Loading... Please wait...
  • My Account
  • Order Status
  • Wish Lists
  • Gift Certificates

Our Newsletter


Available Gauge Sizes:

20 gauge 18 gauge
16 gauge 14 gauge
12 gauge 10 gauge
8 gauge 6 gauge
4 gauge 2 gauge
0 gauge 00 gauge
000 gauge 1/2 inch
9/16 inch 5/8 inch
3/4 inch 7/8 inch
1 inch 1 1/4 inch

 

Proper Tattoo Aftercare

Proper Tattoo Aftercare; Helping Your New Tattoo Heal & Insuring Its Longevity

Your new tattoo is a form of expressive body art which is designed to last for a lifetime. The most important thing to increase the chances of your tattoo retaining its intended look for as long as possible is proper tattoo aftercare. This article discusses both the initial and long term recommended aftercare products and procedures to maximize the look of your new tattoo for as long as possible.

With the seemingly endless supply of products and contradictory recommendations for tattoo aftercare available today, choosing the best solution for your tattoo aftercare can seem a daunting and even expensive task. Although considering the cost of tattoo nowadays even the most expensive of the tattoo aftercare products on the market are cheap insurance, we will provide some guidelines for making educated decisions on which types of aftercare products to use and which are little more than marketing hype and a waste of your money. Unlike many of the articles claiming to give tatoo aftercare advise, we are not trying to sell you a product and, as such, are not working from an agenda other than disseminating proper tattoo aftercare advise.

The Tattoo Healing Process; What to Expect

The healing process for your new tattoo will take about 45 days, although it will appear to be healed much sooner than this. As your tattoo heals, your body will slough off and replace the damaged skin cells with new ones and this complete process takes 45 days. You can expect some mild discomfort, similar to a sunburn, which will last anywhere from about 3 days to a week or 2 depending on factors such as your body and the location of your new tattoo. You can also expect, to varying degrees, a bit of: tenderness, bleeding, swelling, redness, color seepage, itching, peeling, and mild scabbing. With a proper regimine of tattoo aftercare, these symptoms can be greatly minimized or even eliminated in some circumstances. For more details about our recommended tattoo aftercare procedures and what to expect during the healing process, read on!

Initial Tattoo Aftercare; The First Few Weeks

The first thing you need to understand about your new tattoo is that it is actually considered to be a minor surgical procedure. Like any surgical procedure, the speed and degree of recovery is just as directly related to the quality of the aftercare as it is to the quality of the surgical procedure itself. The size and location of your new tattoo will have a direct bearing on the healing time, as will the depth of the needle your artist used during the tattoo. While these are not really in your control, the aftercare is up to you and can make a huge difference in how well, and how fast, your new tattoo heals.

When you get home (about 3 to 4 hours after getting your new tattoo) you should remove any bandage or other covering the artist placed over the fresh tattoo. At this time the area should be washed, very gently, with mild soap and warm water. Do not scrub hard or with anything other than the surface of your hand. After gently washing your fresh tattoo, you should use a soft towel to pat the area dry - again, no need to rub, just a gentle pat dry will do.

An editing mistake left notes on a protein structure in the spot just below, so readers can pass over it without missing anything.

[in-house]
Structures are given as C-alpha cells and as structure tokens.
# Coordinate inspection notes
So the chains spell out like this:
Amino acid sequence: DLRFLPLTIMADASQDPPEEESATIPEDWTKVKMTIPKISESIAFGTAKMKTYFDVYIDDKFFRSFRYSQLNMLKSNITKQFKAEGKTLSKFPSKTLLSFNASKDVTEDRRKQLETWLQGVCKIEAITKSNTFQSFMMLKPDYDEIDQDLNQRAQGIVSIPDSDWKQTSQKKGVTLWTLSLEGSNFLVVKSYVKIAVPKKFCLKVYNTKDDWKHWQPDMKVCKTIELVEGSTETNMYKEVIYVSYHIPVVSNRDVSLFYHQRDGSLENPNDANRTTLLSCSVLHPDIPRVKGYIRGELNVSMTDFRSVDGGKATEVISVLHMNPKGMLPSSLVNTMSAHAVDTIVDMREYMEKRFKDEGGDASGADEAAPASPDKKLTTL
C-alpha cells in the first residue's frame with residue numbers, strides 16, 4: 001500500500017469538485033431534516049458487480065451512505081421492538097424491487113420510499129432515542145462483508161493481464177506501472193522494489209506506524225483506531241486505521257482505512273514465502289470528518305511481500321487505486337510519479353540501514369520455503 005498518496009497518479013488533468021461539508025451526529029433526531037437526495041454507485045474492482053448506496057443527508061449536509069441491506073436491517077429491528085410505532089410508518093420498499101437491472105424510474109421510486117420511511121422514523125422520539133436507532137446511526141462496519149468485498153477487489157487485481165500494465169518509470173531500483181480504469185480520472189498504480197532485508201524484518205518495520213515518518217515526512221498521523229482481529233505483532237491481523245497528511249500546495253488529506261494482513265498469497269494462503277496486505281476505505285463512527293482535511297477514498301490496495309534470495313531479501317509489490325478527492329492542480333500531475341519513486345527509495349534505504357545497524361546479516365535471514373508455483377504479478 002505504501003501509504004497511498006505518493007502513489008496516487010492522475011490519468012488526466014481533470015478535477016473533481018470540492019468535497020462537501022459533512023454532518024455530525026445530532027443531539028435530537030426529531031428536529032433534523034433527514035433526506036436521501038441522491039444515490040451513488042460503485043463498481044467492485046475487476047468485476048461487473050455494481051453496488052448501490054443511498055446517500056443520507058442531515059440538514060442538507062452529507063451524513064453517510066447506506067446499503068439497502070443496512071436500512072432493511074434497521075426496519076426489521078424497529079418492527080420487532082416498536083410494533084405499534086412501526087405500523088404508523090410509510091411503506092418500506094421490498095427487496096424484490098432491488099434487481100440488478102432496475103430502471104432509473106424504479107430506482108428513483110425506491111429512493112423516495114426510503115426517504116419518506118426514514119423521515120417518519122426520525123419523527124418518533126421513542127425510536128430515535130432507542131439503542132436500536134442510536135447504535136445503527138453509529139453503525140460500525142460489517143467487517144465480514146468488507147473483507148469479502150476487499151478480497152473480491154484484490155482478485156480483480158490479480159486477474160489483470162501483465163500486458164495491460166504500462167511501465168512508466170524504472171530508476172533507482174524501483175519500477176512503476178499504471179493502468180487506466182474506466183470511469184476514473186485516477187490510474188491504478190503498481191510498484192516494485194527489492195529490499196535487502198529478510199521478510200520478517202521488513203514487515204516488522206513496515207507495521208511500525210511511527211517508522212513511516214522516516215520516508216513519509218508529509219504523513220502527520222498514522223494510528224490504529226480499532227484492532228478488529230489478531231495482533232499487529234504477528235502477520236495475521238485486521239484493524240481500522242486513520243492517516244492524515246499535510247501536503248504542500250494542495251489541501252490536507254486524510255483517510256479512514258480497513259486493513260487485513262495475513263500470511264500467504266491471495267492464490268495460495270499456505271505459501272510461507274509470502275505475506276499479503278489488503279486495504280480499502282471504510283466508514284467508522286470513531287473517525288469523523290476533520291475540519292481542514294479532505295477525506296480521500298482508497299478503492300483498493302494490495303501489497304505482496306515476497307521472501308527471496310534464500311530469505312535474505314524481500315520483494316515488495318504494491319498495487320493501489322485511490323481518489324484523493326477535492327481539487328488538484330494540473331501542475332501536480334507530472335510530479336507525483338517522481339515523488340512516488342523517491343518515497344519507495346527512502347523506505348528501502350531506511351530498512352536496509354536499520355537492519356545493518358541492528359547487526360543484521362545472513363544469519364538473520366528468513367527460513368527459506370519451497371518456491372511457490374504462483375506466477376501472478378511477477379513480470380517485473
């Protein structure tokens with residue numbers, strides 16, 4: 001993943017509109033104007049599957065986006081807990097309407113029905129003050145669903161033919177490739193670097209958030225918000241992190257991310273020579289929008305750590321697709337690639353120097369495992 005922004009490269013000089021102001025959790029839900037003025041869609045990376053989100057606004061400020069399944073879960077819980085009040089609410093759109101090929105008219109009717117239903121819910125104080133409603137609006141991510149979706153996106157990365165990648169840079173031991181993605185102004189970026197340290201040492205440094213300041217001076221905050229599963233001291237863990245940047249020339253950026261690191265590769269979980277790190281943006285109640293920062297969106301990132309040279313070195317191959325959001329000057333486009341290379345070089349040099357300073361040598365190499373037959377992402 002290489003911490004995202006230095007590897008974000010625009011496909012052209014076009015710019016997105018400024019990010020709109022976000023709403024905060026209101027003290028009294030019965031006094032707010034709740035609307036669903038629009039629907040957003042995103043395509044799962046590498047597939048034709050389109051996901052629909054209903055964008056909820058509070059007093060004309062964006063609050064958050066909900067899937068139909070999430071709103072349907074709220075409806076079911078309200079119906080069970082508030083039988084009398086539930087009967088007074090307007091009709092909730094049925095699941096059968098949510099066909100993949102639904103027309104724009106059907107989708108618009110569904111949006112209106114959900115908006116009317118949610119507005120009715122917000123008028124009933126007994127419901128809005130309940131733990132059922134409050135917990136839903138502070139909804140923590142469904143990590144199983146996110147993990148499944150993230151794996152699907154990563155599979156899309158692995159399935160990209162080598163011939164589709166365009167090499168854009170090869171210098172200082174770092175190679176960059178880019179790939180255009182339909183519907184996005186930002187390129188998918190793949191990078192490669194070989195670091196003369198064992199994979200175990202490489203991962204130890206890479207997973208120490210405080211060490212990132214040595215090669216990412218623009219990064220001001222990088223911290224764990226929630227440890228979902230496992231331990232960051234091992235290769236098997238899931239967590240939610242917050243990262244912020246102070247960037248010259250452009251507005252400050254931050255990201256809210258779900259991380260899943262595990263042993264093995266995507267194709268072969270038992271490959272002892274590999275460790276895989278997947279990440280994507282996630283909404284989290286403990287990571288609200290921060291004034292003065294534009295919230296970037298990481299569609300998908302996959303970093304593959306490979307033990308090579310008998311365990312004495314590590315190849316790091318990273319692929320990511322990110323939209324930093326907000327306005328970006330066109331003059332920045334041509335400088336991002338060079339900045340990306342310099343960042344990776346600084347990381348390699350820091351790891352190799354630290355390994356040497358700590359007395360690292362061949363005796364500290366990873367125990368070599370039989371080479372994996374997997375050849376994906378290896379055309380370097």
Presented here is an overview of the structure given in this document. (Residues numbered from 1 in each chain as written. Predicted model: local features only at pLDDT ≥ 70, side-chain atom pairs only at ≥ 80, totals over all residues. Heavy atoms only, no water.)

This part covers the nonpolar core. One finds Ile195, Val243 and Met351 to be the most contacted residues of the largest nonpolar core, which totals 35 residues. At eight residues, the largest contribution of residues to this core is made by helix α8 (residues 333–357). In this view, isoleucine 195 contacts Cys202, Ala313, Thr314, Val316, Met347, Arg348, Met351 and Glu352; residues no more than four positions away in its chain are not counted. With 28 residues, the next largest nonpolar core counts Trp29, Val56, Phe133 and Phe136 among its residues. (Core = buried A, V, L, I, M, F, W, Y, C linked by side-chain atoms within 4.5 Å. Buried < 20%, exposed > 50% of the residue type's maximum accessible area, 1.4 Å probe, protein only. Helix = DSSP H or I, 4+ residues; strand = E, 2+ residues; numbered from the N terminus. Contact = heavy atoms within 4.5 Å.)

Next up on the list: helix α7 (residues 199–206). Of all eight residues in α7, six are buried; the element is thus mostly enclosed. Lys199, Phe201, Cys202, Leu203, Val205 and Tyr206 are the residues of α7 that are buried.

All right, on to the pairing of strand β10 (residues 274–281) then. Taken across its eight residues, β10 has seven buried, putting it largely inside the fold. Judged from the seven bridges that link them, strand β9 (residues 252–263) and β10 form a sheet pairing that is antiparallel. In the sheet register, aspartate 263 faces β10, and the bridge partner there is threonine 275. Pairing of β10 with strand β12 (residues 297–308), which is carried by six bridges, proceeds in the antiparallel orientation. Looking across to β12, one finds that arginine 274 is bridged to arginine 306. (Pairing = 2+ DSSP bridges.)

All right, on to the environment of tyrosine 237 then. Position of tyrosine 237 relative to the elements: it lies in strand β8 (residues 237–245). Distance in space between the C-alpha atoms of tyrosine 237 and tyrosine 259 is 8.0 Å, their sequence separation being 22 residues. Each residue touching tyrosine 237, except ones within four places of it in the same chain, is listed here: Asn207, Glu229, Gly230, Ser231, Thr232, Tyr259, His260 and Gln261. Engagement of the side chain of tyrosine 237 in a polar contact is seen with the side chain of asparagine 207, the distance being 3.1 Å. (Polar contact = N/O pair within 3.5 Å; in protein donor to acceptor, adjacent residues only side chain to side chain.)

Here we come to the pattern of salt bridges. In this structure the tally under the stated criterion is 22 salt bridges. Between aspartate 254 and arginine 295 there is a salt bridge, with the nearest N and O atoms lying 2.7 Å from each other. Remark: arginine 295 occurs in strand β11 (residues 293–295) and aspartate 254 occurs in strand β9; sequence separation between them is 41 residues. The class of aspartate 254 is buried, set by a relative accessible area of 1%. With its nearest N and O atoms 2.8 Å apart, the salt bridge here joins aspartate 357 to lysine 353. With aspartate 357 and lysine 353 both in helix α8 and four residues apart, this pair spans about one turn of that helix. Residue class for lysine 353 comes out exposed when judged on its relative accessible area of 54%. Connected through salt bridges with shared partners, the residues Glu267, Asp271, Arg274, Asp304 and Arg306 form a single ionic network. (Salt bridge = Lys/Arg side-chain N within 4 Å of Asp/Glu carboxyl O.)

Once you have gently washed any dried blood and surface ink from your new tattoo the next thing you will want to do is to apply a thin layer of triple antibiotic ointment containing Bacitracin. If possible, it is best to keep the tattoo uncovered by clothing as much as you can to minimize the Bacitracin ointment from being wiped off. The Bacitracin antibiotic ointment serves several purposes. First, it is intended to reduce any bacteria which may be on your new tattoo and to prevent infection while the wound is fresh. Second, and arguably even more important, the ointment is meant to act as a moisturizing agent to keep the damaged skin soft, moist, and supple. It is a proven medical fact that wounds to the skin heal much faster in a moist environment and the Bacitracin ointment not only helps to moisturize the skin, but acts as a barrier to keep the skins natural moisture in and will greatly reduce healing time.

Additional Bacitracin ointment should be applied 3 to 4 times per day and immediately before going to bed. Further bandaging is neither necessary nor recommended.

For the first 4 days your tattoo aftercare regimine should remain basically the same. You will want to apply a thin layer of Bacitracin antibiotic ointment to the area upon waking  up, before going to bed, and about 3 or 4 times inbetween to help protect and moisturize the skin area of your new tattoo. An ideal application of Bacitracin ointment will be just enough to make the skin moist and shiny and should extend about half an inch (13mm) beyond the outer perimiter of your tattoo. You will also want to keep the skin clean by washing once or twice a day - no more. Again, as much as possible, it is best to keep the area exposed and uncovered by either bandages or clothing if at all possible.

An inevitable part of the healing process with your new tatoo involves some itching, peeling, and possibly some light scabbing. It is extremely important to resist the urge to scratch your tattoo or pick at any peeling skin or scabs which develop. If the itch gets to be too much to bear, a good alternative to scratching which works very well is simply to lightly slap the area. The slapping will almost always releive the itching sensation and is much less risky than scratching which can damage the tender healing skin. As you new tattoo begins to slough off dead skin (peal) the best thing to do is to remove this loose dead skin by gently washing the area with soap and water in the shower. Again, srctching and picking is a bad idea and should be avoided. If scabs develop, it is best to simply let them heal and fall off naturally. Picking at scabs, even very small ones, can remove the ink from the skin and lead to scarring.